Small Cons vs Big Cons

Rebecca in a blue wig playing Kung-Fu with Ceili Conway (home-made Jack Frost cosplay!) Image By Karen Conway
Rebecca playing Kung-Fu with Ceili Conway (home-made Jack Frost cosplay!). Image By Karen Conway.

I was introduced to geek conventions with a small con in my home city called Albacon. It hosted maybe one hundred people? I played some games, listened to fantasy authors, and watched anime with a friend for a day. As a parent with two early elementary aged children, it was a wonderful escape.

“That was fun!” I enthused. My friend shook his head.

“No. No. You have to come to ConnectiCon.”

So I accompanied my friend that summer to ConnectiCon. Ah. I understood why my friend had not been impressed with the other one. ConnectiCon, a fan-run convention, had a few thousand people (now they have close to 10,000), many dressed in elaborate cosplay, tons of panels on such a variety of topics, famous guests, soooo much anime, and way more than I could take in. As someone new to being a geek, and an older woman with kids, I felt somewhat out of place. But I was intrigued by this culture, started getting into it, and went back year after year. Eventually I brought my kids when they were teenagers. Love it.

I’ve also been to NY ComicCon, Arisia, and PAX East. Some big conventions around here.

And I’ve enjoyed myself at Pi-Con, “The Friendliest Little Convention in the New England,” as well as subsequent years at AlbaCon.

A couple of weeks ago, my kids and I tried out GeneriCon, another small geek convention close by. We played games with friends we knew (Kung-Fu!), watched some anime (Angel Beats), attended panels (Bad Anime by ConArtists was brilliant), admired artwork, participated in Iron Cosplay (10 minutes to put together a costume on a random theme with random materials), and generally had a good time.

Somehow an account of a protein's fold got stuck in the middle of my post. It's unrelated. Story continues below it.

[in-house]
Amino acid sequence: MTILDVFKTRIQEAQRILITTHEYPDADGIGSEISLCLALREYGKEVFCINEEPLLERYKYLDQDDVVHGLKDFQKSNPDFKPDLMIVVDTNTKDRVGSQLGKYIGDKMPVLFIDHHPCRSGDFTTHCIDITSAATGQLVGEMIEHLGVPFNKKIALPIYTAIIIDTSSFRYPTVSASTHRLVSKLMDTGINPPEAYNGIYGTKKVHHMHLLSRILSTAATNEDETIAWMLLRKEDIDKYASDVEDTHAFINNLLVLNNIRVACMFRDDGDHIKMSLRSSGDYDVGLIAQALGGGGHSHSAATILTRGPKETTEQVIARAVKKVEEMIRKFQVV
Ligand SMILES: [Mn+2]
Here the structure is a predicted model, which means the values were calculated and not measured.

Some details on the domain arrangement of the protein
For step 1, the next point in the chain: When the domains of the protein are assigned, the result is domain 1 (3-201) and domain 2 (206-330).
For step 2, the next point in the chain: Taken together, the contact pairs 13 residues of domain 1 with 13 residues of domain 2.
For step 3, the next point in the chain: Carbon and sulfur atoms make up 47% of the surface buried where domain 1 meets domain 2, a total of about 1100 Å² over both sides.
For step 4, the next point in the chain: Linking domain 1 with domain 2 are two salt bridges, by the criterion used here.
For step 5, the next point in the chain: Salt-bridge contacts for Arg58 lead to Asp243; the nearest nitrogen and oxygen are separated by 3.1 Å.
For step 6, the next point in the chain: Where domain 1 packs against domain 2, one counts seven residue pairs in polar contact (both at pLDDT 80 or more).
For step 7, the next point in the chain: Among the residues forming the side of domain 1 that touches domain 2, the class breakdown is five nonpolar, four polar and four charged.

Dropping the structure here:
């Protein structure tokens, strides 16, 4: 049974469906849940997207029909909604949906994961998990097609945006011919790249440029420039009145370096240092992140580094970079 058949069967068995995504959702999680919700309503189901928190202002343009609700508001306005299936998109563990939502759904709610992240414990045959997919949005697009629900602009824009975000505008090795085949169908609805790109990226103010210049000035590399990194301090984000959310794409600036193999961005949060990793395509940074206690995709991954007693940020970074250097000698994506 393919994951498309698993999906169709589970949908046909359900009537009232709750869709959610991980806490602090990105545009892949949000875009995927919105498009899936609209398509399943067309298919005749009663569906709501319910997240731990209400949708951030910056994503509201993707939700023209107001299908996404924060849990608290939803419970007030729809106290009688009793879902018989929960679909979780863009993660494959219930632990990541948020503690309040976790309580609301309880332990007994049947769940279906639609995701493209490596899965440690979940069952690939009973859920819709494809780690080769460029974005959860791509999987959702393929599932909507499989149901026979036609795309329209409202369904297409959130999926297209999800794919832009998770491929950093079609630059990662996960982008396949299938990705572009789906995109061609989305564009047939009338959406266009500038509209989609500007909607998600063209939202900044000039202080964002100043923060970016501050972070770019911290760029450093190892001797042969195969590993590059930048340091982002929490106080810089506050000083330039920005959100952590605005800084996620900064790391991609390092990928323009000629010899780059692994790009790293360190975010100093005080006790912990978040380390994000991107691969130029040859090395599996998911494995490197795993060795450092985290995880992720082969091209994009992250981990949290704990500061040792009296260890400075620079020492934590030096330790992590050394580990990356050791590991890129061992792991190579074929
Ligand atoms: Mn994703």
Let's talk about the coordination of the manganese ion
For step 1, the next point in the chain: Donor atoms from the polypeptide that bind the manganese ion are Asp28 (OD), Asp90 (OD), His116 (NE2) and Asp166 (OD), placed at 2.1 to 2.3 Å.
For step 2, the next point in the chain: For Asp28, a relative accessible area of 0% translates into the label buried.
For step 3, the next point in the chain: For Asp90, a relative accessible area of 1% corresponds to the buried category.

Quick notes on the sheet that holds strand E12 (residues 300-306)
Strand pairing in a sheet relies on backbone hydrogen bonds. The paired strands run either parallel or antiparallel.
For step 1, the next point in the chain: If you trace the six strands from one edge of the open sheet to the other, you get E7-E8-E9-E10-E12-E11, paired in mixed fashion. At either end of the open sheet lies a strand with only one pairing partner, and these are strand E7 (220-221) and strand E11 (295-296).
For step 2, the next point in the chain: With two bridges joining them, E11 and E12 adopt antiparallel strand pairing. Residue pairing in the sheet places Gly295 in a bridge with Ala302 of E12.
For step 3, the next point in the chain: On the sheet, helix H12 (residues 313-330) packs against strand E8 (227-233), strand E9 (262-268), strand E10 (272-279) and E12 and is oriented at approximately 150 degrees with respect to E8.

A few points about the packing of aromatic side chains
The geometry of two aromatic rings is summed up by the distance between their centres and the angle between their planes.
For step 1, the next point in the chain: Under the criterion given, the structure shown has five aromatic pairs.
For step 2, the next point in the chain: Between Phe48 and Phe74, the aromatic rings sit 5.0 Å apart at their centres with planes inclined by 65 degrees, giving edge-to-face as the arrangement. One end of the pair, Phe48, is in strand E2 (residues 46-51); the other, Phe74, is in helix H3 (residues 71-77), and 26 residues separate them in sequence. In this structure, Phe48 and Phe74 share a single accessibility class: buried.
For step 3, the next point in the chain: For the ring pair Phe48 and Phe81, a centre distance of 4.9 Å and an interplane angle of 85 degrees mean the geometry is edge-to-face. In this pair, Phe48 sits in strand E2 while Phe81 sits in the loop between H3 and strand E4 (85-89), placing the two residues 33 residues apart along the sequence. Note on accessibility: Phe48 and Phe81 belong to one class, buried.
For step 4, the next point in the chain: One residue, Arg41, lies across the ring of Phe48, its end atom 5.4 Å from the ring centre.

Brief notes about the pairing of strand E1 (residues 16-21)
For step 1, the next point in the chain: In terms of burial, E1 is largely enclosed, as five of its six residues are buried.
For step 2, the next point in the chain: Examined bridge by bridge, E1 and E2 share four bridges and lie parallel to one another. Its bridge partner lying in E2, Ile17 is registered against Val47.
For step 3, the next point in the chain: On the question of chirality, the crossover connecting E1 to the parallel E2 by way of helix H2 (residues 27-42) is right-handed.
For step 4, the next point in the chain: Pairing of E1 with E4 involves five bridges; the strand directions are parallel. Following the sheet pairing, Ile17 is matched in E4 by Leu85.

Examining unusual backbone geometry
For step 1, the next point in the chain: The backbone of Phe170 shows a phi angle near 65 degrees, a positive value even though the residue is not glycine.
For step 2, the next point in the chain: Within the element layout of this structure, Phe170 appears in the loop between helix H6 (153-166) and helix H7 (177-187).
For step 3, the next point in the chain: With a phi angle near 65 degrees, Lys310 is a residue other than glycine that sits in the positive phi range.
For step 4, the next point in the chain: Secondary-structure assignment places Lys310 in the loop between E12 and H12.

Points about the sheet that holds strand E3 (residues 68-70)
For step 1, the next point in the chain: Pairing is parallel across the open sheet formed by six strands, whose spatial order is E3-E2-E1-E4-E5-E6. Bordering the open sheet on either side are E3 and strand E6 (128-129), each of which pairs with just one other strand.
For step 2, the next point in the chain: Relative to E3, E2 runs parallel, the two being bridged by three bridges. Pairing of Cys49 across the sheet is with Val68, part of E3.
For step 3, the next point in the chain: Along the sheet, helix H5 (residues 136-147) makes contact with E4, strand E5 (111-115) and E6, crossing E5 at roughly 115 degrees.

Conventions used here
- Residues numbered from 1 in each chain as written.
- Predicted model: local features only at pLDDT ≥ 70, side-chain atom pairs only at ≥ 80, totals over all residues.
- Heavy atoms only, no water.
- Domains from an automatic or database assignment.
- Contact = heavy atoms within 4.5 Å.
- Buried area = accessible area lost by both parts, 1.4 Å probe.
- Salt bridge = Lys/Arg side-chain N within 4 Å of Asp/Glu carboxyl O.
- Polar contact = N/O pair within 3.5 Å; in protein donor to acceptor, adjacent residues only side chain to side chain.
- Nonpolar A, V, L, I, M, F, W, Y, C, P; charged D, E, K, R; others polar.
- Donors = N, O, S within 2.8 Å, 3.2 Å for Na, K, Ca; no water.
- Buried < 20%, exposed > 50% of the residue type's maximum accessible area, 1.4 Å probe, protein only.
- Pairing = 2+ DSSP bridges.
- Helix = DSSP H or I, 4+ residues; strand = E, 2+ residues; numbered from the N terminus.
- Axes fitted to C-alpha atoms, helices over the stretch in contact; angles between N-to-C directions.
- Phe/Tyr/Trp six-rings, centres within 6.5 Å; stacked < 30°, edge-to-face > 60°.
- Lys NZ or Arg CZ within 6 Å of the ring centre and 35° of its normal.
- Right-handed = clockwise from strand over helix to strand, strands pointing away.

I love the energy of big cons: famous names, rows and rows of cool art, crazy panels with loud crowds, big stage cosplay events, jammed-packed late-night dancing, test playing new games, and the incredible realization that THERE ARE SO MANY GEEKS OUT THERE! I remember describing NY ComiCon to someone, “If you took the entire population of Albany, turned them into geeks, and threw them together in one building—that’s what it’s like.”

At smaller cons: Cheap tickets. No lines for the bathrooms. No lines to get into anything! Plus, keeping track of my kids was darn easy in a small space. There’s also something else: getting to know the geeks in your community. At GeneriCon, I kept bumping into people I knew from other walks of life. They didn’t seem surprised to see me there (I do write for GeekMom) but I didn’t know THEY WERE GEEKS TOO!

I’m a fan of cons, and I’ve had good and bad experiences at large and small ones. What are your experiences? Do you like larger or smaller exclusively?